Skeleton Found in Cambridge Home

Contruction workers find remains below concrete floor

Skeleton Found in Shed
Sara Joe Wolansky

Century-old bones and an antique gun were discovered in this shed of a Cambridge home last Thursday.

Cambridge Street, located near the busy Lechmere T-station, is home to quaint row houses and small businesses, but behind the brown wooden door of a 150-year-old house lay a newly discovered skeleton, buried with a century-old gun.

Construction workers who were building a back porch between the house, which is owned by Rosalie Foster, and an adjacent building, discovered the bones and gun on Thursday, according to the Boston Herald.

Nick Stamos, the owner of Fresh Start Contracting, told the Herald that his workers discovered the bones below the concrete foundations of a shed that once sat behind the home.

“At that point I thought the best thing to do was to call the police,” Stamos said.

Anjali Lohani ’08, a former Crimson editor who lives in the adjacent building, recalled returning home on an otherwise normal Thursday evening.

“My roommates and I weren’t even aware that anything had happened until our landlord called us,” Lohani said. “We were told not to go into the backyard, because it was a crime scene.”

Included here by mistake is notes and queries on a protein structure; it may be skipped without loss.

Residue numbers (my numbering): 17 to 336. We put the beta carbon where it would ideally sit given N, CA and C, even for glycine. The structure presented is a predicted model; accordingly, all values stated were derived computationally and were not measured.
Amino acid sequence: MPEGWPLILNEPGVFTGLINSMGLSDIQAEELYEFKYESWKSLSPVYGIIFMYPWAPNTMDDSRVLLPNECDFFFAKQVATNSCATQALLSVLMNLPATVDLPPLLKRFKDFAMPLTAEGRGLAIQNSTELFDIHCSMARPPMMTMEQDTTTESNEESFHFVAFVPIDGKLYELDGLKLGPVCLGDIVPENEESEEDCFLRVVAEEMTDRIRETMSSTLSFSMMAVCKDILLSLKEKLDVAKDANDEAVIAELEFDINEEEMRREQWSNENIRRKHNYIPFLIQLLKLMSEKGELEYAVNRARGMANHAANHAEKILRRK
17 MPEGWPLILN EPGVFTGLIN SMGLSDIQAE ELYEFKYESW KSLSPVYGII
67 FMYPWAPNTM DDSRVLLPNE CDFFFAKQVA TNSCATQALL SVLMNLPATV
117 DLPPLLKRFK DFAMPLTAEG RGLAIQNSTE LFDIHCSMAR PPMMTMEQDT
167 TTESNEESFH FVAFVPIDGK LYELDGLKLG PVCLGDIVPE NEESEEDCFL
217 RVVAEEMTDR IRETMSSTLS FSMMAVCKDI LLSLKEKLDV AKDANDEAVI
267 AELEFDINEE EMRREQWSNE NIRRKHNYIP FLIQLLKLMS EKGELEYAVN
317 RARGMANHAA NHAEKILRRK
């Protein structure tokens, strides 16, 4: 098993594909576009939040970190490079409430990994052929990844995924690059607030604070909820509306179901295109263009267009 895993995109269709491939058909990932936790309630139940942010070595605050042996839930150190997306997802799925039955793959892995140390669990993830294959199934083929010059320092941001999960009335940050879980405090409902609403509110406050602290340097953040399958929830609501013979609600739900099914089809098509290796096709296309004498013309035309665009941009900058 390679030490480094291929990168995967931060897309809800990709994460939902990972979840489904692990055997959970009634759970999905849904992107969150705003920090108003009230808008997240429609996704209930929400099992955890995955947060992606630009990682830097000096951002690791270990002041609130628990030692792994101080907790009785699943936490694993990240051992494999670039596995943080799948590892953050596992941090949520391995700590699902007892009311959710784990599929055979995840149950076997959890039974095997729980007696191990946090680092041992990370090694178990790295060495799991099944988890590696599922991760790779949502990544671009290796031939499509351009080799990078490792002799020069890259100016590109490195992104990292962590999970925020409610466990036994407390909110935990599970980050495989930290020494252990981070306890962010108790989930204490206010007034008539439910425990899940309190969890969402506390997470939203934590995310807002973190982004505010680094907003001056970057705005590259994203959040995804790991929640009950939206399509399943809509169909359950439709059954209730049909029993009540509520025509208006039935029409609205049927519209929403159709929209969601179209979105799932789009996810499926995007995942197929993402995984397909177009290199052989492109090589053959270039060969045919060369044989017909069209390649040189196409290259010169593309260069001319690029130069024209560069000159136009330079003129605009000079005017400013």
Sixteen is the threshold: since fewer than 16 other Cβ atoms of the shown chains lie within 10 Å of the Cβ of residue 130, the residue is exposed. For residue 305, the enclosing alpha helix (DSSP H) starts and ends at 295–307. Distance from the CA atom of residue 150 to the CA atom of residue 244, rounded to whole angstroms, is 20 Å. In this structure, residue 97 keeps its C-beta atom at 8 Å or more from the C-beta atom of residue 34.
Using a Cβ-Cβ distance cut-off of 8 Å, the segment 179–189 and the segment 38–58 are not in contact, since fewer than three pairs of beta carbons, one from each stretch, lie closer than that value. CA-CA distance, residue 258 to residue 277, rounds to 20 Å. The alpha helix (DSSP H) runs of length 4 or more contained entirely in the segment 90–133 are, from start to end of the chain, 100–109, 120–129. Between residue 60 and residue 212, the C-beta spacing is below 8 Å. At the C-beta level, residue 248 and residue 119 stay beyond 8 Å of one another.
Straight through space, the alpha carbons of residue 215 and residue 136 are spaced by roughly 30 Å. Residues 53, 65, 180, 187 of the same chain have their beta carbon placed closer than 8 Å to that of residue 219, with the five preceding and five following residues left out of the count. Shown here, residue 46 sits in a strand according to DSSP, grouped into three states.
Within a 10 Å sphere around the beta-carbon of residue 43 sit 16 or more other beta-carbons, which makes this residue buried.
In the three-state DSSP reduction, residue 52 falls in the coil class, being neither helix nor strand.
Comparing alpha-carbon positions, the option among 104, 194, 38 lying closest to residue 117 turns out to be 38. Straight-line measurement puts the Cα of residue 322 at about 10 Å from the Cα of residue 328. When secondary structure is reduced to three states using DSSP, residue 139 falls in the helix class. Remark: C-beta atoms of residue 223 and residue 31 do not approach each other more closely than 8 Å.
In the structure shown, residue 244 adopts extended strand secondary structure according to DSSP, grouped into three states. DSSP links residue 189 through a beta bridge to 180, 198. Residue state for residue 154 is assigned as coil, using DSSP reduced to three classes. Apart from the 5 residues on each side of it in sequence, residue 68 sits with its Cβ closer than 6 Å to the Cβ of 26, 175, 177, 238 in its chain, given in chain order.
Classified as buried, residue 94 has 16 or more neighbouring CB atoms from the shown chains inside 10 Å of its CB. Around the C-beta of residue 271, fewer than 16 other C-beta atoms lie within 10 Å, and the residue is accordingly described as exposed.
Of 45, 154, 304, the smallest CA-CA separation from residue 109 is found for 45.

Yesterday, yellow police tape was draped along a tall wooden fence below the connecting porch.

The construction workers, who began work last Wednesday, have not returned to the site since the discovery. “I’m not sure when construction will resume,” Lohani said.

Foster told the Associated Press that the discovery was “unbelievable at first, and then it gets a little shocky and then you go ‘Wow, I got a body!’”

She could not be reached by The Crimson for further comment.

Cambridge police spokesman Frank Pasquarello told the AP that forensic examinations are expected to reveal the age and gender of the skeletal remains, which appears to be about 100 years old.

Though investigations are still underway, The Boston Globe reported on Friday that police believe the skeletal remains may not be from a human, as was initially thought.

Foster has been told by police that she can keep the ancient gun because the object was discovered on her property.

—Staff writer Manning Ding can be reached at ding3@fas.harvard.edu.